The group behind a proposed carbon capture and storage network for Alberta’s oil sands is watching with dismay as the latest regulatory hurdles tied to the Trans Mountain pipeline expansion.
The Pathways Alliance, a consortium of Canada’s largest oil sands companies, wants its $16.5 billion carbon pipeline and underground storage facility project up and running in northern Alberta. by 2030.
The project is critical to the oil sands industry’s commitment to achieving net zero greenhouse gas emissions from production by 2050.
But Pathways President Kendall Dilling says the latest challenges affecting the Trans Mountain pipeline project show how difficult it is to get major infrastructure projects across the finish line in this country.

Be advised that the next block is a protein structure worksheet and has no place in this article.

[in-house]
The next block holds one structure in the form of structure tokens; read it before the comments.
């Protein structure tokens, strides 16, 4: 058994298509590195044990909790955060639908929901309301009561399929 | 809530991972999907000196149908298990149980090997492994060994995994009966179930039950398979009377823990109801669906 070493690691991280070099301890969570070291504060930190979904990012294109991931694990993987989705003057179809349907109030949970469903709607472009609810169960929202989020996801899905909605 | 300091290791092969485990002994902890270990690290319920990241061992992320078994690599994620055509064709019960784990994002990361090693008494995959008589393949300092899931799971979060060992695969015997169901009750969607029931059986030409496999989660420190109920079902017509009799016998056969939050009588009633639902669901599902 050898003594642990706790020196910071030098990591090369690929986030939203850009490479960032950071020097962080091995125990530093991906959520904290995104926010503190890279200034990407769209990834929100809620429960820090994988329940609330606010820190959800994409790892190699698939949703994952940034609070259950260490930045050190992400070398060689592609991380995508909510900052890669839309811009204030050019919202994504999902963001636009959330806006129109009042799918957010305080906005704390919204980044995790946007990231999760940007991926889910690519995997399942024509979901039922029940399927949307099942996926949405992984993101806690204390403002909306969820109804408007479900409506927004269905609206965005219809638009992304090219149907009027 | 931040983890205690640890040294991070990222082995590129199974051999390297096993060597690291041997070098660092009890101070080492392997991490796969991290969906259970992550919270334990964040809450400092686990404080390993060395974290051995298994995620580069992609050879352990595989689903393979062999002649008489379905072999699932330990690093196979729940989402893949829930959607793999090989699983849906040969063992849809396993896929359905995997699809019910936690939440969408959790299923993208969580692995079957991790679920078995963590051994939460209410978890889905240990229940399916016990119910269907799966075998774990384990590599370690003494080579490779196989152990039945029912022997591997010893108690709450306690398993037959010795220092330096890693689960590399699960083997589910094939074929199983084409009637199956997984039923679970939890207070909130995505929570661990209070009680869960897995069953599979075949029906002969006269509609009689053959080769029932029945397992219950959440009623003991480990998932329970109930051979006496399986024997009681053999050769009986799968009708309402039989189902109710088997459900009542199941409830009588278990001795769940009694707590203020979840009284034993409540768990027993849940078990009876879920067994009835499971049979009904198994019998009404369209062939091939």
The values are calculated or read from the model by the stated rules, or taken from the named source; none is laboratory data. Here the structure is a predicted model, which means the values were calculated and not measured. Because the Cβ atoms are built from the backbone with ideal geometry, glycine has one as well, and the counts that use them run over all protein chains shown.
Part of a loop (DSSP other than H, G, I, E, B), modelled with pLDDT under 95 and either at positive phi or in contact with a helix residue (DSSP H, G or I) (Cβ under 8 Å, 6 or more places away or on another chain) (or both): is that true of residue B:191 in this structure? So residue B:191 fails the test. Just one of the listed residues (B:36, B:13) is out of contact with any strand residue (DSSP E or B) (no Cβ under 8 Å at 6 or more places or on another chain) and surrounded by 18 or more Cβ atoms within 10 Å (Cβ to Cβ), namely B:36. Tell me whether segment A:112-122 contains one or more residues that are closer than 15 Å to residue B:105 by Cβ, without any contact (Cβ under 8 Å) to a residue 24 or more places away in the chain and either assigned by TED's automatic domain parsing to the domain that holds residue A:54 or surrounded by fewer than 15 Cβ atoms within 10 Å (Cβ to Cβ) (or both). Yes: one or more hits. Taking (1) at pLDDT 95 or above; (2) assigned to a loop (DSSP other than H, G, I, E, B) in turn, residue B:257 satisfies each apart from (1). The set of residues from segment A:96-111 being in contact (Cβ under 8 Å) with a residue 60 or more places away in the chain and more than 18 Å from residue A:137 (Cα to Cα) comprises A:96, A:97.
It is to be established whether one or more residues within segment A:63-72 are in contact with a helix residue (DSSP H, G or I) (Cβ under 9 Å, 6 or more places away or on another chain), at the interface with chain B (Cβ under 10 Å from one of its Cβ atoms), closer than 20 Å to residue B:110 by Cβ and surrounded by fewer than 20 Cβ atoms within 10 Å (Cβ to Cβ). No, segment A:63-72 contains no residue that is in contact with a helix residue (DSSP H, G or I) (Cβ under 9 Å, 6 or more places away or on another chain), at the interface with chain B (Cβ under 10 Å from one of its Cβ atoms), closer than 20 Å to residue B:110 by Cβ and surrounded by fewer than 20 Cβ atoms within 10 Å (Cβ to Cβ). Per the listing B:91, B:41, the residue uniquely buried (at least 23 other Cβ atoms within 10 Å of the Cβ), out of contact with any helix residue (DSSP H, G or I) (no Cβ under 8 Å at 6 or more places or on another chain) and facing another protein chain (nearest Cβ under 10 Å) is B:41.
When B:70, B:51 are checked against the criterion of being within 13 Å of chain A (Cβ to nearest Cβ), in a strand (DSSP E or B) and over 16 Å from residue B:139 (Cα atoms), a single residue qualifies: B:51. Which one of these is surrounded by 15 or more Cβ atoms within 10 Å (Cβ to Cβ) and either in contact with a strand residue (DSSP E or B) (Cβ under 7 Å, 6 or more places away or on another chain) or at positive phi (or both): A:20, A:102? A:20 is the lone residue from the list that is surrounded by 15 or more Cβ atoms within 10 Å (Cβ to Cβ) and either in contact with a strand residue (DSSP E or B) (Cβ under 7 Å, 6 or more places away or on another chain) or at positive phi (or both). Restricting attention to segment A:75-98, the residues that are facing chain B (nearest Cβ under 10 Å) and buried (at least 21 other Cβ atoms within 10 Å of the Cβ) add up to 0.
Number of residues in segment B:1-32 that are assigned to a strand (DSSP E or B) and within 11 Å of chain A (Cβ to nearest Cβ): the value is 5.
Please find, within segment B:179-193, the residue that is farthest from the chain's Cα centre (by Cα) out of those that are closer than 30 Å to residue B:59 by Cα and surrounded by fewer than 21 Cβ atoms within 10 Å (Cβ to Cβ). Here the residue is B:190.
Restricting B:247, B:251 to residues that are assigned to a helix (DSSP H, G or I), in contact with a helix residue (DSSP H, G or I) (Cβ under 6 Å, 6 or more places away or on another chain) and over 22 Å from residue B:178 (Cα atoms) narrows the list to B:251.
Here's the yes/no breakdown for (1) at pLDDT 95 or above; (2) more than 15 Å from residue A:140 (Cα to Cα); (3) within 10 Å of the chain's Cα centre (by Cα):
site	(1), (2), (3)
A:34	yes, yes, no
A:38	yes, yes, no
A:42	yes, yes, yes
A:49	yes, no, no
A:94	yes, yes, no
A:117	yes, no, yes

The Crown corporation that owns Trans Mountain is facing new construction problems in British Columbia, and a British Columbia First Nation is opposing the company’s efforts to change the pipeline route.
The federally owned Trans Mountain project was supposed to come online early next year, but it may not be ready until December 2024.
The Pathways Alliance has just begun formal consultations with Indigenous groups for its own project, which Dilling says is at a “critical juncture” if it is to have any chance of being realized by 2030.
© 2023 The Canadian Press